NSF Tech to Teaching Certificate in Higher Education
At Georgia Tech I have served as a teaching assistant for various courses for eight semesters, and completed the NSF-funded Tech to Teaching intermediate Certificate in Higher Education Pathway. The higher education pathway of the Tech to Teaching training program is designed to give Georgia Tech graduate students the opportunity to gain excellent preparation for a faculty career in higher education. The program aims to help graduate students develop and improve their teaching skills, explore career options, navigate the academic job search, and become successful teachers in the college classroom.
In order to complete the intermediate certificate, I have completed two 3-credit-hour courses taught by the Center for the Enhancement of Teaching and Learning at Georgia Tech. The first course “Fundamentals of Teaching and Learning in Higher Education”, taught jointly by Dr. Damon Williams and Dr. Nancy Ruggeri focuses on the pedagogical approaches to create a learner-centered classroom environment. In the class, we studied the literature on how people learn and how to create a classroom environment that embraces interaction, diversity and equity. We also learned about how to articulate one’s own teaching philosophy and how to write lesson plans. We also conducted mini lecture sessions in groups of three. It was a rewarding experience to collaborate with fellow students in engineering and do a teaching demo on an interdisciplinary topic that we were all interested in.
The second course “Teaching Practicum in Higher Education” taught by Dr. Dia Sekayi focuses on practical on-the-job training in the classroom and reflections on on our own teaching experience. Students in this course teach at least 15% of a course under the guidance of a faculty advisor of our own departments. We also meet every week to discuss and peer review our lesson plans one week before the lectures, as well as the videotapes of our lectures after the lectures. We not only got feedback from our mentors and Dr. Sekayi, but also from each other and from the students (student feedback were collected twice during the semester).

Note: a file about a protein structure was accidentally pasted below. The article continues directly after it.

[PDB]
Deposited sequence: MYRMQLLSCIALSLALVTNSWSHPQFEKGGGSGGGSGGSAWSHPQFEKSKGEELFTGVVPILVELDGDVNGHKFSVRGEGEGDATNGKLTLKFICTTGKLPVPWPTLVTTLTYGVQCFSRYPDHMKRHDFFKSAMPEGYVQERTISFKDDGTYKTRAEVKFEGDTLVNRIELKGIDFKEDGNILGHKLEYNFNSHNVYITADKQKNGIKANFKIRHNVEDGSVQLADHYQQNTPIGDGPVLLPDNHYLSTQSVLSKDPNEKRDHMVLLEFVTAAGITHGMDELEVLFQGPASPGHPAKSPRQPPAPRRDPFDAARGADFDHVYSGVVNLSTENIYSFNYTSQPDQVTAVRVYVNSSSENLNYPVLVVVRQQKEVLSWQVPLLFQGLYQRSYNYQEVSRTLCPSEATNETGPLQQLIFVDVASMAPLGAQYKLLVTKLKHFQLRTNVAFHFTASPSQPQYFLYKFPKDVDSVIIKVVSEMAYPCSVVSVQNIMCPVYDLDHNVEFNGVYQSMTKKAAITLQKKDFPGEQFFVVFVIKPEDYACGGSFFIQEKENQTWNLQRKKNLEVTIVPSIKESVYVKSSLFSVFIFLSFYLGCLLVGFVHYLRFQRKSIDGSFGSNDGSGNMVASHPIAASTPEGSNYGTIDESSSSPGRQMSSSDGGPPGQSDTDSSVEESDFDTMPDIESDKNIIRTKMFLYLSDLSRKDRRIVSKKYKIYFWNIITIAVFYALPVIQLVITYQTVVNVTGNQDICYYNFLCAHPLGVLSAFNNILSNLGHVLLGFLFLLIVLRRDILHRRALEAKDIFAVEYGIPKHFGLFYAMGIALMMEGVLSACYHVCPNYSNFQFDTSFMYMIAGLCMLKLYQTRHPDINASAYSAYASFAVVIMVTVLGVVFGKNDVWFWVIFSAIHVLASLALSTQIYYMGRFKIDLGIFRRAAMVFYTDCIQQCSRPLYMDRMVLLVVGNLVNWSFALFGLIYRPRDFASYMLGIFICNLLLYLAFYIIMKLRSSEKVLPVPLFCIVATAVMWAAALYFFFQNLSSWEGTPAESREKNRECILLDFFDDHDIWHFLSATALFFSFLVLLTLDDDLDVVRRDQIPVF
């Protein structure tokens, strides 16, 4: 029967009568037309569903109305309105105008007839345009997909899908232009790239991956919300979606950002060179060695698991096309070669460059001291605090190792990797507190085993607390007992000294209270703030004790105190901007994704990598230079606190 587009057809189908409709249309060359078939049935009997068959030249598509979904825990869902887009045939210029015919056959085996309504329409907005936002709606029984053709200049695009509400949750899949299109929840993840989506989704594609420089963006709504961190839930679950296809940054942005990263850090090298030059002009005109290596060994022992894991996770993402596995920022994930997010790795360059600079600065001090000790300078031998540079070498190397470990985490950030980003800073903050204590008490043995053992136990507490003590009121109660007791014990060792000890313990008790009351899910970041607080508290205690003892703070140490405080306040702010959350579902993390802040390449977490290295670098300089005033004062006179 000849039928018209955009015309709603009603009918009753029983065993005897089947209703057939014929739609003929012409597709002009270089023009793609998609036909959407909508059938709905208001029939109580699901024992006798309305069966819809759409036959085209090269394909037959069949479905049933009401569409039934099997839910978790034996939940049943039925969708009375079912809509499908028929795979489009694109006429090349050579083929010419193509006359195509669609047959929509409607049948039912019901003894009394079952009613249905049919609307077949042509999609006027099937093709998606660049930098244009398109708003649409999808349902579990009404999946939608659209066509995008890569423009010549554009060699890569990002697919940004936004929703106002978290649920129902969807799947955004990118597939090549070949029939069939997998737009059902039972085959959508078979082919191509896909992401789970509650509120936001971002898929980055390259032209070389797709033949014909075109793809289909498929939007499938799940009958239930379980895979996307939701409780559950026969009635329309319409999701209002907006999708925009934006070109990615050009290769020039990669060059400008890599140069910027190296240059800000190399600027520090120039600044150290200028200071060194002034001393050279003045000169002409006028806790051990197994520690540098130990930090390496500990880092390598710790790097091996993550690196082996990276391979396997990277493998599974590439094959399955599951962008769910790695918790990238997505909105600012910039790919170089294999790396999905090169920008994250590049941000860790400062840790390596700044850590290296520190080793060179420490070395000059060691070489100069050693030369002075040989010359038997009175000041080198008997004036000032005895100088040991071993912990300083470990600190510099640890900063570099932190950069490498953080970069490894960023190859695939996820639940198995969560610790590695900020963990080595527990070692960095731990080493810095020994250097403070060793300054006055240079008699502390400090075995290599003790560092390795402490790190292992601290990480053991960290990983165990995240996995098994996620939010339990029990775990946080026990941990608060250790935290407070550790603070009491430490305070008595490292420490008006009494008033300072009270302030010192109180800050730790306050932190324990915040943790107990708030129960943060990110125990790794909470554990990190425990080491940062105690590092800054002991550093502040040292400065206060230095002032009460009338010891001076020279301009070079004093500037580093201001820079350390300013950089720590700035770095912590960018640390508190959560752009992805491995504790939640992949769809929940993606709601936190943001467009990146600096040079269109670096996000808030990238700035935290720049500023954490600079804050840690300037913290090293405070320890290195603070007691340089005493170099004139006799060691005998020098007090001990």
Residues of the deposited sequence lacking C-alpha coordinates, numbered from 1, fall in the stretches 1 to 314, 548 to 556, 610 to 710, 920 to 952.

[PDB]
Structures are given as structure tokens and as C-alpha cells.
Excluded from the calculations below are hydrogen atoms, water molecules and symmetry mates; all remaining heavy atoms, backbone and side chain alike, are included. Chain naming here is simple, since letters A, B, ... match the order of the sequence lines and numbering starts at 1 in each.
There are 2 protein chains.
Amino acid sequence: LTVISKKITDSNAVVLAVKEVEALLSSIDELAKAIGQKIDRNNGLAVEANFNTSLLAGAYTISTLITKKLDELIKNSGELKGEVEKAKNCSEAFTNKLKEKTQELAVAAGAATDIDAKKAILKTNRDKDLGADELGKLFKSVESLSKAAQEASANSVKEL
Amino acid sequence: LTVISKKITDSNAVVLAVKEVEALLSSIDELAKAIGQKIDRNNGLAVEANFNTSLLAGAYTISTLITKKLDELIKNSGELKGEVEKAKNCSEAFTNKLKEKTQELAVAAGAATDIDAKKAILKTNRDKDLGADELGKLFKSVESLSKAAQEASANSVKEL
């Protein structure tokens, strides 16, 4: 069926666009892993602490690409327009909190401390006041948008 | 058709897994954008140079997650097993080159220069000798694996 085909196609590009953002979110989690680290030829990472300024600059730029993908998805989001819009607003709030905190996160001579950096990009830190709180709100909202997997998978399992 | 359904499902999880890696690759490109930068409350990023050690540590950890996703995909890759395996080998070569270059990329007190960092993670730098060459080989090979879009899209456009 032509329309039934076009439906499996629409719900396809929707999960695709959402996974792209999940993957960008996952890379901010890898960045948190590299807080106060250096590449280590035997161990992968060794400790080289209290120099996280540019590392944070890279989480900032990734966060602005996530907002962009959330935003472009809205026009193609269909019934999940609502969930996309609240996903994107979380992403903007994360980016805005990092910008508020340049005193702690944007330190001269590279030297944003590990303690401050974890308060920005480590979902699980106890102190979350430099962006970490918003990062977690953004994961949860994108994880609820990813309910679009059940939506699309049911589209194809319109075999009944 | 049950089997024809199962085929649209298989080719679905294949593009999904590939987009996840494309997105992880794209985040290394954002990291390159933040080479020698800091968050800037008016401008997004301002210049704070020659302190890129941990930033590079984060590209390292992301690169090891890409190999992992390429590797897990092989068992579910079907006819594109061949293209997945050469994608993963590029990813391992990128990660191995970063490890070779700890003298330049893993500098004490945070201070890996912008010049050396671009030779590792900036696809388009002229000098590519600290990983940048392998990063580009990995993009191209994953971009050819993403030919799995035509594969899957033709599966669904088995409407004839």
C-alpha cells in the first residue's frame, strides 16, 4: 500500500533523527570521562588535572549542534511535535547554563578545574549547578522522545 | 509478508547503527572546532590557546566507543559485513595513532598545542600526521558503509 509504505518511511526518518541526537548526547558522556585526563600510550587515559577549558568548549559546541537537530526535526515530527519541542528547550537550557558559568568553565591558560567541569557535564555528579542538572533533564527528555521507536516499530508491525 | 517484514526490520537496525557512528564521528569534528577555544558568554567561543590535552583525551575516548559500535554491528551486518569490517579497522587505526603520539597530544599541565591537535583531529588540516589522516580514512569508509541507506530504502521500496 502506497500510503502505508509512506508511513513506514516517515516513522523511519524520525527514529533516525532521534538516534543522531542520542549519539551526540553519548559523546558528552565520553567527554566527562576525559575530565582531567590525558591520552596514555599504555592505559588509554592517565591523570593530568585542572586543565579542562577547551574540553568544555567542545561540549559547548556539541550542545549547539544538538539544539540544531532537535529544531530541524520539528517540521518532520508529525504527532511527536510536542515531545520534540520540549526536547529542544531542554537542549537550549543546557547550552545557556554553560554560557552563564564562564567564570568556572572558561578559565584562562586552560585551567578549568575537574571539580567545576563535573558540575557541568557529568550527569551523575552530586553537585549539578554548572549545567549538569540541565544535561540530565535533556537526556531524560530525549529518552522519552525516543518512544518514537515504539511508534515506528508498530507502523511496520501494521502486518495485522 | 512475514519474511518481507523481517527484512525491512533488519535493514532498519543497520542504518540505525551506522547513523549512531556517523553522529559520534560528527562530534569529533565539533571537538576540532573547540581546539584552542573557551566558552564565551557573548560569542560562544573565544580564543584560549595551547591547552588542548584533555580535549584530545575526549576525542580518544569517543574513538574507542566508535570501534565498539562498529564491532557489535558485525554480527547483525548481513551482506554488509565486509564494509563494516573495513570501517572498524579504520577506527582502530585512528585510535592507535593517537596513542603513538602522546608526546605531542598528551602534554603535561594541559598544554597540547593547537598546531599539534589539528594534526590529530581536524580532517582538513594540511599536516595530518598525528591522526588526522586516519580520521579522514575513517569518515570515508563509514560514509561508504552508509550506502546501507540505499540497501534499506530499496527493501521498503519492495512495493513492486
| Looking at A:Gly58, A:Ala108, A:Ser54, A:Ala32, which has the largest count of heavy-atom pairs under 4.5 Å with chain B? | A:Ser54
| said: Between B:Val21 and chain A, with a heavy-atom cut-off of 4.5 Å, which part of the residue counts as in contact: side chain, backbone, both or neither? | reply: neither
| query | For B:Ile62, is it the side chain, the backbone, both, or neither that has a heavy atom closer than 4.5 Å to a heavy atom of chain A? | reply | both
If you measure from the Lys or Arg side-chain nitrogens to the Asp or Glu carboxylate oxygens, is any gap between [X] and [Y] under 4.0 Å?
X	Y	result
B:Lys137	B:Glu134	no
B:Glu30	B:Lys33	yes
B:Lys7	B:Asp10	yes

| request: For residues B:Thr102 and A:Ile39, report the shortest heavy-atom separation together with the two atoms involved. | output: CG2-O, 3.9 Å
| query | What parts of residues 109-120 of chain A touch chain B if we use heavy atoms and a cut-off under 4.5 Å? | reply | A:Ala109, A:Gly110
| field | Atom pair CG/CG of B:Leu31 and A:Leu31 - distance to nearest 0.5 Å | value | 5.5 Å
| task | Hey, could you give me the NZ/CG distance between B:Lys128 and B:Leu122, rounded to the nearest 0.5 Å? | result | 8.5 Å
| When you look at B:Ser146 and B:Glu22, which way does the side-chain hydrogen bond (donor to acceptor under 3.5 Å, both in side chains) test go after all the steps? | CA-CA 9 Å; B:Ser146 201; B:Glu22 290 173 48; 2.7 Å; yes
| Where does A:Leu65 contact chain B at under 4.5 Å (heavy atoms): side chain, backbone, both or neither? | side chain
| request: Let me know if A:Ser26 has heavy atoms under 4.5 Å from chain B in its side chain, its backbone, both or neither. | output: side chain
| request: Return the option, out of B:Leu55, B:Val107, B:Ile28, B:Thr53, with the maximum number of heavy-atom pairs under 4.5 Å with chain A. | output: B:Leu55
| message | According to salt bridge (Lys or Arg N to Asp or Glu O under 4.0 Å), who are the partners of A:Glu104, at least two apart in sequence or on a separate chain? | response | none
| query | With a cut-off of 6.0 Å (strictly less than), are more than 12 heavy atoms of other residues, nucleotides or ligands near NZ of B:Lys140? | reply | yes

As for me, I taught 15% of the undergraduate course “Introduction to Comparative Politics” under my faculty mentor Dr. Brian Woodall at the Sam Nunn School of International Affairs. Comparative Politics is one of my areas of specialization, so I was very much looking forward to hone my teaching skills in this course. I tried to use a variety of pedagogical approaches such as games and group exercises, and prepared detailed lesson plans which were reviewed by the professors and my peers. The actual lesson deliveries were challenging but also exciting. I’ve learned quite a lot throughout the practicum from my mentor who guided me through lecturing and class management and gave me lots of great advice. For instance, when lecturing on specific economic/political systems in countries like China (which students have little or no prior exposure to), it is better to bring in concrete examples and cases, and contrast them with their U.S. and European counterparts to help students understand the content. When designing the course assignments, it is better to have a variety of formats of assignments, such as reading summaries, exams, research projects, short research paper, and poster and class presentations. The grading will be spread out throughout the semester, and the students will have constant feedback on their studying and be motivated to follow up with the course contents.
Another interesting aspect of the practicum was observing my peers (all in engineering and sciences) teach their own lectures. Watching their lectures taught me not only new concepts and theories in their respective fields, but also new teaching approaches in their disciplines. International affairs/political science as a discipline has not seen much adoption of the model of the “flipped classroom”, which has been used much more extensively in the sciences and engineering classrooms and which I saw my peers use in their lectures. While the flipped classroom is a very innovative and interesting concept, I can see the reason why political scientists have largely hesitated to adopt it – so much of our class content relies on deconstructing complicated theories and cases, which would usually have to take the form of direct lectures and real-time interaction with the students rather than letting students watch videos before class and then do quizzes and write essays in class. Maybe in the future, we could think of ways to introduce a modified version of the “flipped classroom” and bring more diversity to the teaching of political science.
Overall, the whole Tech to Teaching Program has been an invaluable training experience. I think teaching not only improves one’s ability to create a positive learning environment and helps others gain knowledge and skills, but also improves one’s skills in public speaking, mentoring, oral communication and supervising. As a non-native speaker who completed undergraduate education in China, I have also found the program to be particularly helpful to prepare myself for work in the U.S. classroom environment.